The National Association of Realtors®, “The Voice for Real Estate,” is America’s largest trade association, representing 1 million members involved in all aspects of the residential and commercial real estate industries.
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NOTE: NAR releases quarterly median single-family price data for approximately 150 Metropolitan Statistical Areas (MSAs). In some cases the estimated MSA prices may not coincide with data released by state and local Realtor® associations. Any discrepancy may be due to differences in geographic coverage, product mix, and timing. In the event of discrepancies, Realtors® are advised that for business purposes, local data from their association may be more relevant.
Data tables for MSA home prices (single family and condo) are posted at https://www.nar.realtor/topics/metropolitan-median-area-prices-and-affordability. If insufficient data is reported for a MSA in particular quarter, it is listed as N/A. For areas not covered in the tables, please contact the local association of Realtors®.
1Areas are generally metropolitan statistical areas as defined by the U.S. Office of Management and Budget. A list of counties included in MSA definitions is available at: www.census.gov/population/estimates/metro-city/0312msa.txt.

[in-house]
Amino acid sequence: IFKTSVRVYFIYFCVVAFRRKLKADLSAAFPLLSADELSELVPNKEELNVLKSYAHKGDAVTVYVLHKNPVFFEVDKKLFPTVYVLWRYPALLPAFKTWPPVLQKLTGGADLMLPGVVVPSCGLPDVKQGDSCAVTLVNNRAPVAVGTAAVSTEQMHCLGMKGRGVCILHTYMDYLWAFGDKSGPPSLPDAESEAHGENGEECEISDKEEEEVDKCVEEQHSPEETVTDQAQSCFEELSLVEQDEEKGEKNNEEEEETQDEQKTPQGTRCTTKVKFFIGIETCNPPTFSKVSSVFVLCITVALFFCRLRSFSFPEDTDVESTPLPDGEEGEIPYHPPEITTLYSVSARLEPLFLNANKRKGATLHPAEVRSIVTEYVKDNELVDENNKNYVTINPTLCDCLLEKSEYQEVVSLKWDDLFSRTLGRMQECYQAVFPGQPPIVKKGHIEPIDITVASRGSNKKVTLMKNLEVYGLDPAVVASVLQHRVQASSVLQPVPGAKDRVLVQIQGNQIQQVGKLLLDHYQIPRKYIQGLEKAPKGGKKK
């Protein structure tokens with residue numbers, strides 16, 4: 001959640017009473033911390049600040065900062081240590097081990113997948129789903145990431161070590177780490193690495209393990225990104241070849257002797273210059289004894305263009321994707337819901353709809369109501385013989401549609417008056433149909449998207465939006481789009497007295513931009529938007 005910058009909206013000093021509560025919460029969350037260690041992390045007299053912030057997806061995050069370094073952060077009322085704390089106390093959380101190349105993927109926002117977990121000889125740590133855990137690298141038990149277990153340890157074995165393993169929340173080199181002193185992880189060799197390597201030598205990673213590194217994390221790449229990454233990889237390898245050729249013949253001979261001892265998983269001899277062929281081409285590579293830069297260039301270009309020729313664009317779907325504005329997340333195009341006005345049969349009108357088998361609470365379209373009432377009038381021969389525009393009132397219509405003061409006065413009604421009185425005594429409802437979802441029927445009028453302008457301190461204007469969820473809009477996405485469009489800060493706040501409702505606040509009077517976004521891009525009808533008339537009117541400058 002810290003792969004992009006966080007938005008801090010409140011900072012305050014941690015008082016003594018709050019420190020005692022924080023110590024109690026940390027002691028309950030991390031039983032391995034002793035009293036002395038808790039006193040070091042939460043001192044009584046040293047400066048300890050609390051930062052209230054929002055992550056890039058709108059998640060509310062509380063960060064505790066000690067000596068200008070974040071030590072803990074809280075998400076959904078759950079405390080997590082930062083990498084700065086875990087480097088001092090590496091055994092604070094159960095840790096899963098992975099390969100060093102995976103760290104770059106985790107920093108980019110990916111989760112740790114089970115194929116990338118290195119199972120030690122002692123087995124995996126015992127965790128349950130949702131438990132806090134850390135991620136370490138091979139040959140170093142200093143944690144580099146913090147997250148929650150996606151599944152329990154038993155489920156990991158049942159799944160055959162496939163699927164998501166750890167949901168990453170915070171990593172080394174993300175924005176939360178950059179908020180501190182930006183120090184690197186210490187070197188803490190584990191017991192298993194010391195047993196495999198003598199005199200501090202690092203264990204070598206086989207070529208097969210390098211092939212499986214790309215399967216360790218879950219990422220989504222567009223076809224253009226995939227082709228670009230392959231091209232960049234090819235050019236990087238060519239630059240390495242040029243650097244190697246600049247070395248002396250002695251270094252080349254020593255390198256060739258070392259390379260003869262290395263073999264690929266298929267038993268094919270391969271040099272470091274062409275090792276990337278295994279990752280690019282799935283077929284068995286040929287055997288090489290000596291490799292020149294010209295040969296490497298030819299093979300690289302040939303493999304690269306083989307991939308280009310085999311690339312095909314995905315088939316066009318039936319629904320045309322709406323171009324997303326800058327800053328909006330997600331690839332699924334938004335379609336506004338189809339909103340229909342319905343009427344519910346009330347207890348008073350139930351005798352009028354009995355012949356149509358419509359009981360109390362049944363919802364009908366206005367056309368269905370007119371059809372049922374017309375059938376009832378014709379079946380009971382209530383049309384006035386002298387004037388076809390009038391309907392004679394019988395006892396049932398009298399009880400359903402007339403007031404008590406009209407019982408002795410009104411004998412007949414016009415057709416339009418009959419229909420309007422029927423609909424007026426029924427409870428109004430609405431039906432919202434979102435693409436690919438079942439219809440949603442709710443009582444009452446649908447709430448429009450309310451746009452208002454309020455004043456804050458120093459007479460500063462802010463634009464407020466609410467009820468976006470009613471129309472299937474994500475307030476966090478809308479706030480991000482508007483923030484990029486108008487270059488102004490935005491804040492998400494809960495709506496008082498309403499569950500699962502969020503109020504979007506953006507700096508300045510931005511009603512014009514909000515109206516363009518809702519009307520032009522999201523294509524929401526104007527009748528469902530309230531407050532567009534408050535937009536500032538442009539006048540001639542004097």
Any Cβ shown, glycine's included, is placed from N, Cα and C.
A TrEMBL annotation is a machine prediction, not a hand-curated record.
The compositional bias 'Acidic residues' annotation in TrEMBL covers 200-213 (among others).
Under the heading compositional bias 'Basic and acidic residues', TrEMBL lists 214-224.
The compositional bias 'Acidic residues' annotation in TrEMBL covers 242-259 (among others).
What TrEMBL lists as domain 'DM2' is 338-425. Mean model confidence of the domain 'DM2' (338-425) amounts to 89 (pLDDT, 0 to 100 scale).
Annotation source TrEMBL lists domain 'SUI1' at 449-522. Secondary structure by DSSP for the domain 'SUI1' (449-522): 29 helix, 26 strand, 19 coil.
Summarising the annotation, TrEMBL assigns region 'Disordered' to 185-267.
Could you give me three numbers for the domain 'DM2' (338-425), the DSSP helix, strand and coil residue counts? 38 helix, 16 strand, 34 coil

Regional median home prices include rural areas and samples of many smaller metros that are not included in this report; the regional percentage changes do not necessarily parallel changes in the larger metro areas. The only valid comparisons for median prices are with the same period a year earlier due to seasonality in buying patterns. Quarter-to-quarter comparisons do not compensate for seasonal changes, especially for the timing of family buying patterns.
Median price measurement reflects the types of homes that are selling during the quarter and can be skewed at times by changes in the sales mix. For example, changes in the level of distressed sales, which are heavily discounted, can vary notably in given markets and may affect percentage comparisons. Annual price measures generally smooth out any quarterly swings.
NAR began tracking of metropolitan area median single-family home prices in 1979; the metro area condo price series dates back to 1989.
Because there is a concentration of condos in high-cost metro areas, the national median condo price often is higher than the median single-family price. In a given market area, condos typically cost less than single-family homes. As the reporting sample expands in the future, additional areas will be included in the condo price report.
2Distressed sales, first-time buyers, investors and all-cash transactions are from a survey for the Realtors® Confidence Index.
3The seasonally adjusted annual rate for a particular quarter represents what the total number of actual sales for a year would be if the relative sales pace for that quarter was maintained for four consecutive quarters. Total home sales include single family, townhomes, condominiums and co-operative housing.
Seasonally adjusted rates are used in reporting quarterly data to factor out seasonal variations in resale activity. For example, sales volume normally is higher in the summer and relatively light in winter, primarily because of differences in the weather and household buying patterns.
4Income figures are rounded to the nearest hundred.
Third quarter metro area home prices and quarterly existing-home sales will be released November 7 at 10:00 a.m. EST.